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Income protection: Shielding yourself from the financial impact of poor health
On 6 May 2023, more than three years after the outbreak of the pandemic, World Health Organization Director-General Tedros Ghebreyesus announced that Covid-19 would no longer be recognised as a public health emergency of international concern.
While an important milestone, this official ‘declassification’ falls in line with a broader narrative of de-escalation around the virus. In the UK, for example, the ‘living with Covid’ strategy had already put a pause on some official data gathering activities and the cancellation of the NHS Covid app had put an end to the risk of ‘getting pinged’.
Despite receding from prominence, however, there is clear evidence of Covid-19’s ongoing threat to our health. This is not only from the continued direct risk of infection, but also in terms of the associated difficulties many are facing in the wake of the pandemic, including long-Covid and poor mental health. Indeed, research by Mind has found that around a third of adults and young people report that their mental health is much worse since March 2020.
For some, this decline, whether triggered by the pandemic or other forces, can have damaging knock-on effects. Indeed, the Chartered Institute of Professional Development (CIPD) has identified mental ill health as the leading factor behind long-term employee absence, with 57% of employers citing it among their top three causes. This was above musculoskeletal injuries, such as neck strain and back pain, which was included by 46%, and stress, which was included by 38%.
Personal and economic cost of ill health
These concerning figures carry a cost to employers in terms of lost productivity – estimated to be up to £56 billion per year in the UK because of mental health alone – but there is also a clear personal and economic cost for the increasing numbers of people who become economically inactive as a result of prolonged illness or injury. In these situations, long-term absence can mean losing the regular monthly salary which an individual and their wider family might depend upon to support the payment of fixed regular bills and the general cost of living.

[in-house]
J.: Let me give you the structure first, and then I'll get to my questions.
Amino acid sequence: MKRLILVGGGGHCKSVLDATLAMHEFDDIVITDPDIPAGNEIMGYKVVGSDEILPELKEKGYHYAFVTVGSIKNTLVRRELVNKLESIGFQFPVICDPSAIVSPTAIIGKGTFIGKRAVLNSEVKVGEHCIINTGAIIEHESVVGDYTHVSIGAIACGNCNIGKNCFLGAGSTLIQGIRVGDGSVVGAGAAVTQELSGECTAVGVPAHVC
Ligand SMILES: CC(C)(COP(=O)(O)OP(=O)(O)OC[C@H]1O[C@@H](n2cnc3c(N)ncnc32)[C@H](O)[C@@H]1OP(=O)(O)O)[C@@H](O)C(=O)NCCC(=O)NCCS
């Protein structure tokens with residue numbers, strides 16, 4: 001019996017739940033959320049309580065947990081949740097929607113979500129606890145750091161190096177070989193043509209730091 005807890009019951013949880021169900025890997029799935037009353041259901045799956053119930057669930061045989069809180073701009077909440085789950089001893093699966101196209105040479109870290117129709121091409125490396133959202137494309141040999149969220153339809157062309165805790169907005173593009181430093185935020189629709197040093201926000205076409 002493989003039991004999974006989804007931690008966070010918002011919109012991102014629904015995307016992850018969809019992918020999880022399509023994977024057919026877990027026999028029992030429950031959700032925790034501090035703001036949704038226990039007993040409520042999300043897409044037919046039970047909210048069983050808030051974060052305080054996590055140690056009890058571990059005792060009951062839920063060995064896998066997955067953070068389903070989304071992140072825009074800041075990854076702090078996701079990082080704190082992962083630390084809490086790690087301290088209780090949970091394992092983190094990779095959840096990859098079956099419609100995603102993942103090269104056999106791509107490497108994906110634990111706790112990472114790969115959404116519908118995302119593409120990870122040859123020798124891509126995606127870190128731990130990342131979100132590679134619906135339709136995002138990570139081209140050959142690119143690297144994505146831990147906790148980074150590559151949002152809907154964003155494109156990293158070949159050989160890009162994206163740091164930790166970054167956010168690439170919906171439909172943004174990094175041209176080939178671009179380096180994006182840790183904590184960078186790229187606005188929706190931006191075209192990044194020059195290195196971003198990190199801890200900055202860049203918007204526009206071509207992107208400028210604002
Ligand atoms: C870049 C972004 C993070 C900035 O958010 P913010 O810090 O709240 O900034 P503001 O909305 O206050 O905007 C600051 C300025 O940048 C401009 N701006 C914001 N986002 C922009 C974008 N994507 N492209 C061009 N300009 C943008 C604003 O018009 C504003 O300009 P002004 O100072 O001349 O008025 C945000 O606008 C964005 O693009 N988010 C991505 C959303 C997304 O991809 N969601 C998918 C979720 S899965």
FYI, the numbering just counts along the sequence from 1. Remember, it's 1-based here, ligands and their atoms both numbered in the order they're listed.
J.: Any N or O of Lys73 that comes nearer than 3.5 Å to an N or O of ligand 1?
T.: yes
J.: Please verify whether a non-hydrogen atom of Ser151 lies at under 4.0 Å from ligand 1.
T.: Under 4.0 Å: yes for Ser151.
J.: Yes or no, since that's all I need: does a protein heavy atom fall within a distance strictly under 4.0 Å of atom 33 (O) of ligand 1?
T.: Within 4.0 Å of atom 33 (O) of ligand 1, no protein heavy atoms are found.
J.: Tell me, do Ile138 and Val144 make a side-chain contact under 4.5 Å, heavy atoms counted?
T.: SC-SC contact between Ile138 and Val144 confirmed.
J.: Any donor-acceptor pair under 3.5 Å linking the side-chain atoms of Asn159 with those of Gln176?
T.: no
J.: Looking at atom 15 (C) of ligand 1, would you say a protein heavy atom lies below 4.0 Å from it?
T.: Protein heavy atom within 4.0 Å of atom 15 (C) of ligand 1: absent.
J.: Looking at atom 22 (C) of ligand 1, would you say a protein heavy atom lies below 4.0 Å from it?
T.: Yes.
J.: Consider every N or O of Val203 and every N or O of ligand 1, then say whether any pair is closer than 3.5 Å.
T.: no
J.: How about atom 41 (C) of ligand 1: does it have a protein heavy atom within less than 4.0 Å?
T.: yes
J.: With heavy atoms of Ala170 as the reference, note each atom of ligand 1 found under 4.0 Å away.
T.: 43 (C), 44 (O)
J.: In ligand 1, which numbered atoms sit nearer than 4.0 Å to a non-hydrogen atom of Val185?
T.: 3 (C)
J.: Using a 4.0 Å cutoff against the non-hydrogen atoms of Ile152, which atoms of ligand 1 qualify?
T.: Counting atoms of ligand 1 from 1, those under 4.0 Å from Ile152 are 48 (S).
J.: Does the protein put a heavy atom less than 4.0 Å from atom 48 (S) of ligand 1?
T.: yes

Employers can play an important supporting role in such cases, but sick pay can only do so much to fill the potential gap in earnings. In the UK, those eligible for Statutory Sick Pay can get £109.40 per week for up to 28 weeks if they are too ill to work. After this point, you may be able to claim Employment and Support Allowance (ESA) or Universal Credit. Some employees might also be lucky enough to benefit from additional support from their employers in the form of an occupational sick pay scheme, often referred to as contractual sick pay, but this will depend on the details of an individual’s employment contract.
Leaving aside the health-related challenge of coping with an illness or injury, it is not difficult to see how these circumstances can quickly lead to escalating financial problems. Indeed, research among those diagnosed with a long-term illness since the pandemic found that two in five people lost 10% or more of their earnings, while others had been forced to leave employment and forgo their earned income entirely.
Financial support through income protection
Insurance can provide a valuable safety net at these times. Some employees might be offered this as part of their benefits package in the form of a Group Income Protection scheme, which provides a replacement income stream during long-term absence.
Those who are not part of a group risk scheme, including the self-employed, can look to individual income protection policies to provide a similar level of financial reassurance. This type of cover can provide regular income to those incapacitated by long-term illness or injury, potentially avoiding savings being depleted and more serious financial damage being caused.
Policies can be tailored according to a number of person-specific variables, including age, occupation, status as a smoker or non-smoker, and general state of health. They will also stipulate a pre-agreed waiting period before payments start, which is usually a minimum of four weeks but can be up to a year.
Navigating a return to health
Upon the authorisation of a valid claim, a policyholder will receive monthly payments of tax-free income. The amount received is a predetermined proportion of your regular monthly salary – typically between 50% and 65% – and payments continue until an individual is either well enough to return to work or the policy reaches the end of the agreed term or the policyholder retires. Further to providing financial support through payments, some insurers will also provide intervention support services to help policyholders on the pathway back to work.
Data from one insurer points to a fall in the average age of income protection claimants, underlined by a 19% rise in the proportion of customers under the age of 40 when they first claimed.
For these individuals with cover in place, the fear of financial distress can be eased, meaning there is one less thing to complicate their return to better physical or mental health.
The information contained within this communication does not constitute financial advice and is provided for general information purposes only. No warranty, whether express or implied is given in relation to such information. Vintage Wealth Management or any of its associated representatives shall not be liable for any technical, editorial, typographical or other errors or omissions within the content of this communication.
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